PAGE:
The Roaring Girl

The Roaring Girl

3.44 (994 ratings by Goodreads)
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This Jacobean city comedy is a curiosity in that it presents a real-life character, the notorious cross-dresser Moll Frith, who probably was among the first audiences of 'her' play before she was taken up for public misconduct. Middleton and Dekker's 'roaring girl' may outrage her society with her pipe, bluster and swagger, but she turns out to be the moral centre of the play. Her code of honour leads her to call the bluff on rogues and conspicuous consumers, to thrash a hypocritical gallant in a duel, and to act as go-between for the young lovers thwarted by parental tyranny. This wry dramatisation of female deviancy exposing male ineffectuality is as much to the point today as it was in King James's England. An appendix helps the modern reader to appreciate the canting terms used by the low-life characters.
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Product details

  • Paperback | 192 pages
  • 129 x 198 x 14mm | 210g
  • Methuen Drama
  • London, United Kingdom
  • English
  • 2nd ed.
  • c 5 photographs/line drawings
  • 071366813X
  • 9780713668131
  • 289,294

About Thomas Dekker

Thomas Dekker was an English Elizabethan dramatist, born in 1572. Possibly of Dutch origin, very little is known of Dekker's early life and education. His career in the theatre began in the mid-1590s but it is unclear how or why Dekker came to write for the stage. By that time he was odd-jobbing for various London theatre companies, including both the Admiral's Men and its rivals the Lord Chamberlain's Men; he probably joined the large team of playwrights, including Shakespeare, who penned the controversial drama Sir Thomas More around this time. Dekker struggled to make ends meet, however, and in 1598 he was imprisoned for debt.

1599 was, by contrast, an annus mirabilis for Dekker. The theatrical entrepreneur and impresario of the Admiral's Men, Philip Henslowe, lists payments to Dekker that year for contributions to no fewer than eleven plays; two of these, Old Fortunatus and The Shoemaker's Holiday, were selected to be performed at Court during the Queen's Christmas festivals. Dekker received royal favour again after the death of Elizabeth and the accession of King James I in 1603 when he was contracted with Ben Jonson to write the ceremonial entertainments for James's coronation procession through London. He was sorely in need of such commissions; the playhouses were closed for much of this year because of a plague outbreak that killed as many as a quarter of London's population.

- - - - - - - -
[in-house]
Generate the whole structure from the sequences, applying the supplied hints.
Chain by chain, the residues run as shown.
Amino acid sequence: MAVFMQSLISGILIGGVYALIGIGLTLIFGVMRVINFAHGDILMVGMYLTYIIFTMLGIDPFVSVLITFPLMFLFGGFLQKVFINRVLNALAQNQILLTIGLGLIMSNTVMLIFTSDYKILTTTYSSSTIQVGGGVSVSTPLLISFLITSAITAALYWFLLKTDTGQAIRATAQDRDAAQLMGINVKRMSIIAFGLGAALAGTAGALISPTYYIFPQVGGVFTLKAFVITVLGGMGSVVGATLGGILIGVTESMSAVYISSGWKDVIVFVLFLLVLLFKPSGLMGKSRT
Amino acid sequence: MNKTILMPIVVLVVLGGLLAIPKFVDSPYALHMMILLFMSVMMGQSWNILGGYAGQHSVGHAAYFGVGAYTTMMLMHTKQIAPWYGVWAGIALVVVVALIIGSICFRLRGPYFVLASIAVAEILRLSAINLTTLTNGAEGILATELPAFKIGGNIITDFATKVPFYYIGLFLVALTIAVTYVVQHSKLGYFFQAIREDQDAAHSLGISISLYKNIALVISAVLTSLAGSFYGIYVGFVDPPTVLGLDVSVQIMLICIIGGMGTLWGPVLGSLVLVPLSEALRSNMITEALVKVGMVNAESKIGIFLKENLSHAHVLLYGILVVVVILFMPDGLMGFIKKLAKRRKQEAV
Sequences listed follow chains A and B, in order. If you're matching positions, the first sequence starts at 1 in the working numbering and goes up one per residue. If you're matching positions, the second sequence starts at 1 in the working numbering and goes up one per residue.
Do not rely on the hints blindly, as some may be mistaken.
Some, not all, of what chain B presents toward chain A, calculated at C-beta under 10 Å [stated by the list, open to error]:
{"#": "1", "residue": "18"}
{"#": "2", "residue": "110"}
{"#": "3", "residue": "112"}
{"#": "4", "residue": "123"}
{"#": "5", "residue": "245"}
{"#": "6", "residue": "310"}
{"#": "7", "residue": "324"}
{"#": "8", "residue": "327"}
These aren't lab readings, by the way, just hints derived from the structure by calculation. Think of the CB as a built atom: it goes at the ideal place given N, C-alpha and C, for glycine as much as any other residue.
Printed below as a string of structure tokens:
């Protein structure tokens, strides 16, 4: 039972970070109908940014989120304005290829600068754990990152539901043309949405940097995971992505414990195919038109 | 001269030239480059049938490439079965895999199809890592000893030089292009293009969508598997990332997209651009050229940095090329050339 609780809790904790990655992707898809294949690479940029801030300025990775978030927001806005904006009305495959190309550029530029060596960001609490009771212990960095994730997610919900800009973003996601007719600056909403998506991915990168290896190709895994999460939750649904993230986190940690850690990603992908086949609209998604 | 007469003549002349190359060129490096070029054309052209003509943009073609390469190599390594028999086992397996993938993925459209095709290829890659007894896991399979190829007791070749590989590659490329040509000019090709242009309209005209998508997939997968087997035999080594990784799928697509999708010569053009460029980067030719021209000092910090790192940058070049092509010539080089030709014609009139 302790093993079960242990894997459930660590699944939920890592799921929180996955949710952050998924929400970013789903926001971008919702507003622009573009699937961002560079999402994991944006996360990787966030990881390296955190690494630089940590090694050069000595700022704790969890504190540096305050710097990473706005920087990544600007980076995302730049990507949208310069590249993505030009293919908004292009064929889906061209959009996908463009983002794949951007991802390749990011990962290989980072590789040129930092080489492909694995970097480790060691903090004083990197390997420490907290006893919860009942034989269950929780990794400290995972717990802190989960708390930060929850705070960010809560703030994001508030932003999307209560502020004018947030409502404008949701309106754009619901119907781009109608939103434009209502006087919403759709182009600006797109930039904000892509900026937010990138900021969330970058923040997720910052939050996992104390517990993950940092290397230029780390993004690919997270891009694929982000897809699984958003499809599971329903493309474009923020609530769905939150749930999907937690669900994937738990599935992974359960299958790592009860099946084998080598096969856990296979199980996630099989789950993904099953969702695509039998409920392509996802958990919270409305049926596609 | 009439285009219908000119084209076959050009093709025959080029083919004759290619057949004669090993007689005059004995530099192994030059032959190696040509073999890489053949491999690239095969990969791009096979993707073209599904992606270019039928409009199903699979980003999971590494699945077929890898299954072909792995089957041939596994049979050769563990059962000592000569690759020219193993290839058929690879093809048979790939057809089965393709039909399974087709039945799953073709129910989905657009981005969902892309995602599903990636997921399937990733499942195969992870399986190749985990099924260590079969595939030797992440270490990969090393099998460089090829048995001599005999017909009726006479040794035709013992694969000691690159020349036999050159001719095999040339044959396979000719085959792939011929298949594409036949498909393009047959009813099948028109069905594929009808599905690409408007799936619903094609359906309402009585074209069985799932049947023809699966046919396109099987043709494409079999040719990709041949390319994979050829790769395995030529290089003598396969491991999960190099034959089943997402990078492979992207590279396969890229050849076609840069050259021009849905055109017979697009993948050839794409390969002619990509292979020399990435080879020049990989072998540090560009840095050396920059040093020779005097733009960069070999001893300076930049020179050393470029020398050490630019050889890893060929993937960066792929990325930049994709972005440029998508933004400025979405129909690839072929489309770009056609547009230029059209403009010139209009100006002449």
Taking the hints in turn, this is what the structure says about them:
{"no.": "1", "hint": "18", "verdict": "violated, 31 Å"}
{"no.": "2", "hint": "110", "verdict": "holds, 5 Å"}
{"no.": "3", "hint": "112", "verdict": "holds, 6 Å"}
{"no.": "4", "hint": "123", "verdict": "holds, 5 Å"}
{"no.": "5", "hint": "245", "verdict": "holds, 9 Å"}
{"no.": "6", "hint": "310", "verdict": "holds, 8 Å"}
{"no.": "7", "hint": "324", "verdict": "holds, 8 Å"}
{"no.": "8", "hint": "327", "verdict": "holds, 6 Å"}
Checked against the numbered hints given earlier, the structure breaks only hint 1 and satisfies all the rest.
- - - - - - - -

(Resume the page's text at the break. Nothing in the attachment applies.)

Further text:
During the outbreak, he retooled himself as a writer of satires - a genre in which he had acquired some dramatic experience in 1602, when he penned Satiromastix, a play that took aim at Ben Jonson (who had lampooned him the previous year in Poetaster). Dekker's prose satires about the plague year reveal a new skill for gritty reportage and sympathetic attention to the enormous sufferings of the afflicted. He repeatedly returned to this genre when he was prevented, whether by theatre closures or by imprisonment, from writing for the stage.

Like The Shoemaker's Holiday, Dekker's plays in the years of James's reign tend to dramatize the stories of citizens. And they again display a sympathetic fascination with socially marginal characters, often women - a prostitute (The Honest Whore, co-written with Thomas Middleton, 1604), a transvestite (The Roaring Girl, 1611, also co-written with Middleton), and a witch (The Witch of Edmonton, 1621, co-written with John Ford and William Rowley). But Dekker's financial woes continued through these years, and he was once more imprisoned for debt between 1612 and 1619, a harrowing experience that he later claimed turned his hair white. Upon his release, he continued to write plays, citizen pageants, and prose pamphlets, but he never enjoyed the success of his earlier years. He died, leaving his widow no estate except his writings, in 1632. Thomas Middleton was a prolific and successful English Jacobean playwright and poet. A contemporary of Shakespeare and Ben Jonson, Middleton wrote over 30 plays including A Mad World, My Masters which was first performed in 1606.
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Rating details

994 ratings
3.44 out of 5 stars
5 16% (161)
4 31% (308)
3 36% (359)
2 14% (143)
1 2% (23)
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